Tag Archives: tomatoes

Answered Prayers

17 Aug

Seems I didn’t need to make that little trip to the Market, afterall.

.000001% carbon footprint

 Thanks to my neighbor. She’s the one-in-the-same bread school lady you met here earlier. I didn’t even have to make all nice-y-nice about how wonderful her tomatoes were coming along. She just offered them up. No strings. The best kind of “free.”

Pssst. I feel I should tell you that this picture was chosen among several, not so much that it was the best one, but because it was the only one that didn’t show all the various food stuff remnants adhered to the counter.

Someone’s gotta look out for Kaukab’s daughter.


Question of the Day

7 Apr

At what point does going “green” become too costly, both financially and emotionally?

Here’s how Kaukab would answer that question:

1. Why you charge so much for deeze tomatoes? Silly! What, you dirt more special den mine!? Ah, c’mon, you dink I born yesterday!?

She has a point, even if it lacks a certain political correctness about it.

For all the talk about “green” this and “green” that, I have to admit, I’m a bit unfazed about the whole matter. Everything has become a point about “going green.” So much so, that even feminine products have to advertise about it!

Well, I don’t want to “be” green. I just want to go about my day: re-using my plastic grocery bags; planting herbs and small garden veggies; running several errands on the same day to save gas, and countless other daily activities that I’d rather not talk about. In other words, just do the things that countless generations before us, like Kaukab’s, did everyday.

Living “green” for her wasn’t some modern-day, altruistic choice. It was a necessity.

So, before you consider buying that $2.49lb. “heirloom” tomato from your local grocer, ask yourself this: “What would Kaukab do?

That’s right. Put that pretty tomato back . Your dirt is plenty special enough.

Kaukab’s Green Beans w/Tomatoes

20 Jun


2lbs. fresh green beans (as fresh as supermarkets can provide)

1 lg. onion, finely chopped

2 whole cloves; peeled, of course

a small wedge or two of lemon

1 28oz. (or close to) can whole or crushed tomatoes. (4 or 5 med. fresh tomatoes, skinned and quarted, will also do effectively)

cinnamon, 1/4-1/2 tsp., depending upon amt. of green beans and taste

salt, 1/2tsp. to start, a bit more as cooks down and to adjust taste

cooking oil (I prefer Canola oil; you can use any veg. oil, but don’t use olive oil)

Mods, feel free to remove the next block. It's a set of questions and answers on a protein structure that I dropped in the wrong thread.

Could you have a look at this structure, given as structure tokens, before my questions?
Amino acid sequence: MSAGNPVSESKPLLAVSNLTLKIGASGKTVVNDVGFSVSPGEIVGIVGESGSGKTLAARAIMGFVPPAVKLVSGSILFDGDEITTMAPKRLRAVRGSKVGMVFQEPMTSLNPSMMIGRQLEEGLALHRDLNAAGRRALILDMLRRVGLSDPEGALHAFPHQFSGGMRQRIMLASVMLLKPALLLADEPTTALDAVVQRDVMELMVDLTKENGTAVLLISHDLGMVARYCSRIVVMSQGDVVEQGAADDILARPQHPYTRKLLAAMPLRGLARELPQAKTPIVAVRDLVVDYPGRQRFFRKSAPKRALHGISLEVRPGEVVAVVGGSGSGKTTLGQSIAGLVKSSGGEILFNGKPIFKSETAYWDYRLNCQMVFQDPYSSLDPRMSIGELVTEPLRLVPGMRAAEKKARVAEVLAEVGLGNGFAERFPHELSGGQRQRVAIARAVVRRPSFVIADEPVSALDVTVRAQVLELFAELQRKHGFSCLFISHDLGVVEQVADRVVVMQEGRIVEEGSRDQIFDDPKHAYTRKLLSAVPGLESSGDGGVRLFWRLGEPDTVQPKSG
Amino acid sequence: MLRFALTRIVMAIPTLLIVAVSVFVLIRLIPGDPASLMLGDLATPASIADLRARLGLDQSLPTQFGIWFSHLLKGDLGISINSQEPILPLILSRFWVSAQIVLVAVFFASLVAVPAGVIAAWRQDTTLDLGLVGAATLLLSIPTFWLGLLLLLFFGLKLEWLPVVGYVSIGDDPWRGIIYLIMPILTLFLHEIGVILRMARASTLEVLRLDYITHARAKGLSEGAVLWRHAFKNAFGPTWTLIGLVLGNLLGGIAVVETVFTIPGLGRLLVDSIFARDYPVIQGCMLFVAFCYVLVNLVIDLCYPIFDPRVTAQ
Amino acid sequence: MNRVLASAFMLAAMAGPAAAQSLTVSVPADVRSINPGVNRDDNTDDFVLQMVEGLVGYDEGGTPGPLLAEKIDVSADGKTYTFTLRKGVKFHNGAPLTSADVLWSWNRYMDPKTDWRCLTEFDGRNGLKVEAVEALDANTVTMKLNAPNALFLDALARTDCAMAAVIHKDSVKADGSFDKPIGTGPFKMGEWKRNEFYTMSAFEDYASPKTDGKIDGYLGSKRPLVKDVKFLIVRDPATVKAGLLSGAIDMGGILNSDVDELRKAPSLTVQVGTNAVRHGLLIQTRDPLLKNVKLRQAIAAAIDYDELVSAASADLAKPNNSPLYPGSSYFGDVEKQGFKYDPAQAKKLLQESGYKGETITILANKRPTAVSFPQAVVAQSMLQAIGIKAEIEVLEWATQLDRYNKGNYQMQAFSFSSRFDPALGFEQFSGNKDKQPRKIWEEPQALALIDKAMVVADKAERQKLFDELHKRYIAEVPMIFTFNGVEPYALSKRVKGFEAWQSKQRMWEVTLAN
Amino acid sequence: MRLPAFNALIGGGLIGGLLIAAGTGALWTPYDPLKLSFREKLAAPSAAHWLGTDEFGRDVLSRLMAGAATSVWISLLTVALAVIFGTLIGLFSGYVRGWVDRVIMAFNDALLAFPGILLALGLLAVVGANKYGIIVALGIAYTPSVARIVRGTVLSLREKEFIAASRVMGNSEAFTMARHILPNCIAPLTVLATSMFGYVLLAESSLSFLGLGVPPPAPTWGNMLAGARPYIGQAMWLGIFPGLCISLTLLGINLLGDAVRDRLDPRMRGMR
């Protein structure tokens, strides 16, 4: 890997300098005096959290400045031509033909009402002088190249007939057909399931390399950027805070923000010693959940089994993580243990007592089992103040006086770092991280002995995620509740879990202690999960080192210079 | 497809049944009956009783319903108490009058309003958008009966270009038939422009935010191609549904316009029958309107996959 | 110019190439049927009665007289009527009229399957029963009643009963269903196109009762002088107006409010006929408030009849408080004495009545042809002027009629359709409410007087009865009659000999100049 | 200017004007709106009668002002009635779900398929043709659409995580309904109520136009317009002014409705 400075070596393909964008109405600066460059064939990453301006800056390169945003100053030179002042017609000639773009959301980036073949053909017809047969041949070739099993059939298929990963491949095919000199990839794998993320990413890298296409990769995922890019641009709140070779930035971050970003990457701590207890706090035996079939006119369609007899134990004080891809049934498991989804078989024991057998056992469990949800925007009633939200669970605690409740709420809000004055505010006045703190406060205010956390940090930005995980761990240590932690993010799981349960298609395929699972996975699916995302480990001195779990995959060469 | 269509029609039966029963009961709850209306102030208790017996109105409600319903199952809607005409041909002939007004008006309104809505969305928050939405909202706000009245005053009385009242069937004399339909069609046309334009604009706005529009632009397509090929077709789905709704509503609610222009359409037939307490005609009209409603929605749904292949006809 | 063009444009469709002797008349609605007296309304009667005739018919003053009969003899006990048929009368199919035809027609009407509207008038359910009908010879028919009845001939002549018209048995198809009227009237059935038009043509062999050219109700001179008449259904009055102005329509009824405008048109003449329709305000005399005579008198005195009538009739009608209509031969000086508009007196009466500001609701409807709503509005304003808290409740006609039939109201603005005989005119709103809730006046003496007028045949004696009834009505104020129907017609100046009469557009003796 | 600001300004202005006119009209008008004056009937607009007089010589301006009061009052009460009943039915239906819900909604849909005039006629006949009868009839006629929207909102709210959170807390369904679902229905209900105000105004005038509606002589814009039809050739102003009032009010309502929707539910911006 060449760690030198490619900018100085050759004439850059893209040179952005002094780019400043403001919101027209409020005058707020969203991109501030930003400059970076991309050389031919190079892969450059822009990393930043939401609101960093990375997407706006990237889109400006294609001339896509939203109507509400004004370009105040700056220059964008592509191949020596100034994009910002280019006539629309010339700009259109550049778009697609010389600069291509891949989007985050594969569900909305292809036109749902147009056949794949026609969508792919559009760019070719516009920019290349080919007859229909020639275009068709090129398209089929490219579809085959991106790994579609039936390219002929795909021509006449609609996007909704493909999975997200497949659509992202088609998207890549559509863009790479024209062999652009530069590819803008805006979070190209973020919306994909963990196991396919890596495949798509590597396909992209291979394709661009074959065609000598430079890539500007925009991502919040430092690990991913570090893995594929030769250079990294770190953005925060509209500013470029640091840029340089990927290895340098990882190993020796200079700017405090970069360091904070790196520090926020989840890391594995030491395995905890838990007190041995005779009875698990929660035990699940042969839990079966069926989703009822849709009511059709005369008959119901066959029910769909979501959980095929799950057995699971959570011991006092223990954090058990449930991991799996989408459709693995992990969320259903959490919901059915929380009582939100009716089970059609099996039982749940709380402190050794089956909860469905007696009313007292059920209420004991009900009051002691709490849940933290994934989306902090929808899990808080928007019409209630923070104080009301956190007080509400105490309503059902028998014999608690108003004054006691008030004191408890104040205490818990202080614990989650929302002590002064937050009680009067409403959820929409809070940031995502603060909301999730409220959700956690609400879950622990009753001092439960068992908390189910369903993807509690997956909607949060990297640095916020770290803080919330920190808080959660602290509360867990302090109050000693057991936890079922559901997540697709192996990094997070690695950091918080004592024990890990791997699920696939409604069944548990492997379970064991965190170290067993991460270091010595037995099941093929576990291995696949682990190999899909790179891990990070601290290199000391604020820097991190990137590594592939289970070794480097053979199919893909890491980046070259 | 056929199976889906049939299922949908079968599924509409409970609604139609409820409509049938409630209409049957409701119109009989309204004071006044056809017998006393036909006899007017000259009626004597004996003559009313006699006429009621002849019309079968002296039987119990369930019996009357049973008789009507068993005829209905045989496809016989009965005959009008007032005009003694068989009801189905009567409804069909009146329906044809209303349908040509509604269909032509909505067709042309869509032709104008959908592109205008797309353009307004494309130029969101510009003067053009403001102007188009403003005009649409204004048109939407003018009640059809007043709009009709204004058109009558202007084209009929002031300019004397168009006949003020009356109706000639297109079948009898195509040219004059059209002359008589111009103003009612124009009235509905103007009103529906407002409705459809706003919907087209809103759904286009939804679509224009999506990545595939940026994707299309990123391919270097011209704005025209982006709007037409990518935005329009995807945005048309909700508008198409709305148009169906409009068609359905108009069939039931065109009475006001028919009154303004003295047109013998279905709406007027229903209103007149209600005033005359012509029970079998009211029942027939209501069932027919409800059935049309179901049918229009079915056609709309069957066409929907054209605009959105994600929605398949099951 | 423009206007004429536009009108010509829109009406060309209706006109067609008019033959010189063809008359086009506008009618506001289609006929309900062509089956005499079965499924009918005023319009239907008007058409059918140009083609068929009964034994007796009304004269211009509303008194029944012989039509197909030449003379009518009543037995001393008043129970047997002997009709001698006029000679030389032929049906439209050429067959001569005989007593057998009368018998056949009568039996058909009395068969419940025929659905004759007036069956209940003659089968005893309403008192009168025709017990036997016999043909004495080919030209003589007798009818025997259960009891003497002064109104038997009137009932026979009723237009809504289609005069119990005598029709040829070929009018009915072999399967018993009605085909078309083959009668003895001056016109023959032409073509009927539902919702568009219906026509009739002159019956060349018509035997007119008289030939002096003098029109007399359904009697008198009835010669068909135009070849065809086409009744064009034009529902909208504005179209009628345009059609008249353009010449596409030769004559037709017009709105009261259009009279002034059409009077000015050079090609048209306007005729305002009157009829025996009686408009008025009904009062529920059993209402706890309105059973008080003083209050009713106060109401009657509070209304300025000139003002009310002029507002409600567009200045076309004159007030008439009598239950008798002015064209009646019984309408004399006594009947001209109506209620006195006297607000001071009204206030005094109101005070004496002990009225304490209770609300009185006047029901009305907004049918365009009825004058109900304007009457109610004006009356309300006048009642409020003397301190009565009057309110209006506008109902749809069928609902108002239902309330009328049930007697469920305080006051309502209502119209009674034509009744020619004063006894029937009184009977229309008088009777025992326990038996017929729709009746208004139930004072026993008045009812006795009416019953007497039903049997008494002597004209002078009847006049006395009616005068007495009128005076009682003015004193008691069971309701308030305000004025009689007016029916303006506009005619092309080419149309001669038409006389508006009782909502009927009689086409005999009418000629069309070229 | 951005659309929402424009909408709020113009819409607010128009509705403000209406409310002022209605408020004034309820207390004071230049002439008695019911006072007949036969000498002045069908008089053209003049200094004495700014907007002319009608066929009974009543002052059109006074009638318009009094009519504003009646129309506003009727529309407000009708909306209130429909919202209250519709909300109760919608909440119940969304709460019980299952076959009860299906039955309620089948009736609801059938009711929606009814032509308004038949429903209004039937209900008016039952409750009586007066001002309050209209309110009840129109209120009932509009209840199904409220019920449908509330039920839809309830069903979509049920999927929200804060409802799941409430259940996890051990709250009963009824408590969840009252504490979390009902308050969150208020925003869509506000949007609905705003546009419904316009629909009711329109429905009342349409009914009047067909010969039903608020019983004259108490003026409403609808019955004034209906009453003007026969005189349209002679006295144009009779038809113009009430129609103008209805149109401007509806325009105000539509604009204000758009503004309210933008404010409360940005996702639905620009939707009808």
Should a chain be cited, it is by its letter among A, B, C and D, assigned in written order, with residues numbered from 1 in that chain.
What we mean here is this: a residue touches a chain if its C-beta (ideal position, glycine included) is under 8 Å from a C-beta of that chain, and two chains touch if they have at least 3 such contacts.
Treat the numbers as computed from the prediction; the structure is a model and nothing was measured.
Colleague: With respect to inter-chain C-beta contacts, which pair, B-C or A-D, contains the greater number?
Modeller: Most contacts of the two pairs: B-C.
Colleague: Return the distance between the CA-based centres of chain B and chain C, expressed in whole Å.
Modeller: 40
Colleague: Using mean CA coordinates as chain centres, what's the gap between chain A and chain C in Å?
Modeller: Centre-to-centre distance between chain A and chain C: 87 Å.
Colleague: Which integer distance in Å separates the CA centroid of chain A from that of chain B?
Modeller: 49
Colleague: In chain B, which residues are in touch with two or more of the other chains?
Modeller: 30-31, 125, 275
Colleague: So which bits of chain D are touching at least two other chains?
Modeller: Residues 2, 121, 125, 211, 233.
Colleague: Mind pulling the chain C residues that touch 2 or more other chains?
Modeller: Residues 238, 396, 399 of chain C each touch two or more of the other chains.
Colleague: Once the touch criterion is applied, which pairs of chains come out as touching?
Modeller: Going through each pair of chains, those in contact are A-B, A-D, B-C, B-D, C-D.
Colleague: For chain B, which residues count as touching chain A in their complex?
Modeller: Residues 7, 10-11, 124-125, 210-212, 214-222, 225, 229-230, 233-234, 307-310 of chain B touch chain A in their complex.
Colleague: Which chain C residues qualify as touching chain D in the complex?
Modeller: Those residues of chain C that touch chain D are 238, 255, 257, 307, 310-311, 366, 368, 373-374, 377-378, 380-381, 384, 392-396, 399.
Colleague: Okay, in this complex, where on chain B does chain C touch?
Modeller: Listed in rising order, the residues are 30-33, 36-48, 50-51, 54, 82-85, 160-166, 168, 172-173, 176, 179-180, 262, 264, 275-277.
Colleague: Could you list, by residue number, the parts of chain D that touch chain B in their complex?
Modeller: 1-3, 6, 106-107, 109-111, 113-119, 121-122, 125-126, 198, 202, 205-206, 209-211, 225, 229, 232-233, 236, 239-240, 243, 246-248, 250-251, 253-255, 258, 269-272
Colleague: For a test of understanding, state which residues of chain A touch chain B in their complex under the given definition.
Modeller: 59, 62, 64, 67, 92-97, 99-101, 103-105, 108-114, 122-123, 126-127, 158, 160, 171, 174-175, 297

Water, to cover.

I think I should have stated earlier, but now’s as good a time as any…Take my measurements as estimates, only. Kaukab never measured (as stated earlier), and so, I learned to ascribe to her cooking method, as well. Cooking something new takes rehearsal. Eventually, you do it, relying on all your senses, rather than waiting for a bell to ring (much like Pavlov’s dog) to tell you when the food is done. Plus, my taste buds are home-grown. By that I mean, they were acclimated to my mother’s cooking, as yours was to your’s, so when you taste the “same” recipe, is it ever going to taste exactly as Kaukab’s? Not really. Not at least, according to Kaukab. Mine gets very close–an assertion mildly grating to my mother. But I’ve learned to compromise, and let her have her win. For a woman who defines herself by the extraordinary food she prepares for friends and family, it would be self-serving, and impish of me to grant her anything less. This conciliation (and confession, of sorts) has only come my way in recent years, and I believe I’m the better for it. Now, on to the green beans.

So, now that you have all the ingredients, let’s start.

Wash and string green beans. Drain and paper-towel dry. Snap beans in half.

In pot, pour enough oil in bottom of pot to just come up the sides. Heat oil over med. high heat. Throw in the chopped onions and cook until nearly transluscent. Toss in the green beans and cinnamon, stirring with the onions until green beans begin to turn yellowish–up to 5min, maybe. (This is where you’re going to start learning to use your eyeballs.) Then add tomatoes. If whole, or fresh, break them up in the pot. Stir around.

 Add water, enough to cover beans about an inch, or so, above them. Add salt.   Cover with lid, partially tilted. Once boiling, stir, and then return lid (partially tilited, of course) and turn down heat to medium. Let cook about 30 min. and check for liquid reduction. Stir. Add more salt, if needs. Turn down heat to med. low. Squeeze a wedge or two of lemon, for a bright note of flavor. Continue cooking until tomato liquid is rich red and somewhat thickened–usually an additional 20 -30 min.

In Mid-Simmer


Serve with pita bread. Of course.  As an aside: These beans are really good served cold, or at room temperature the next day. With pita bread.

%d bloggers like this: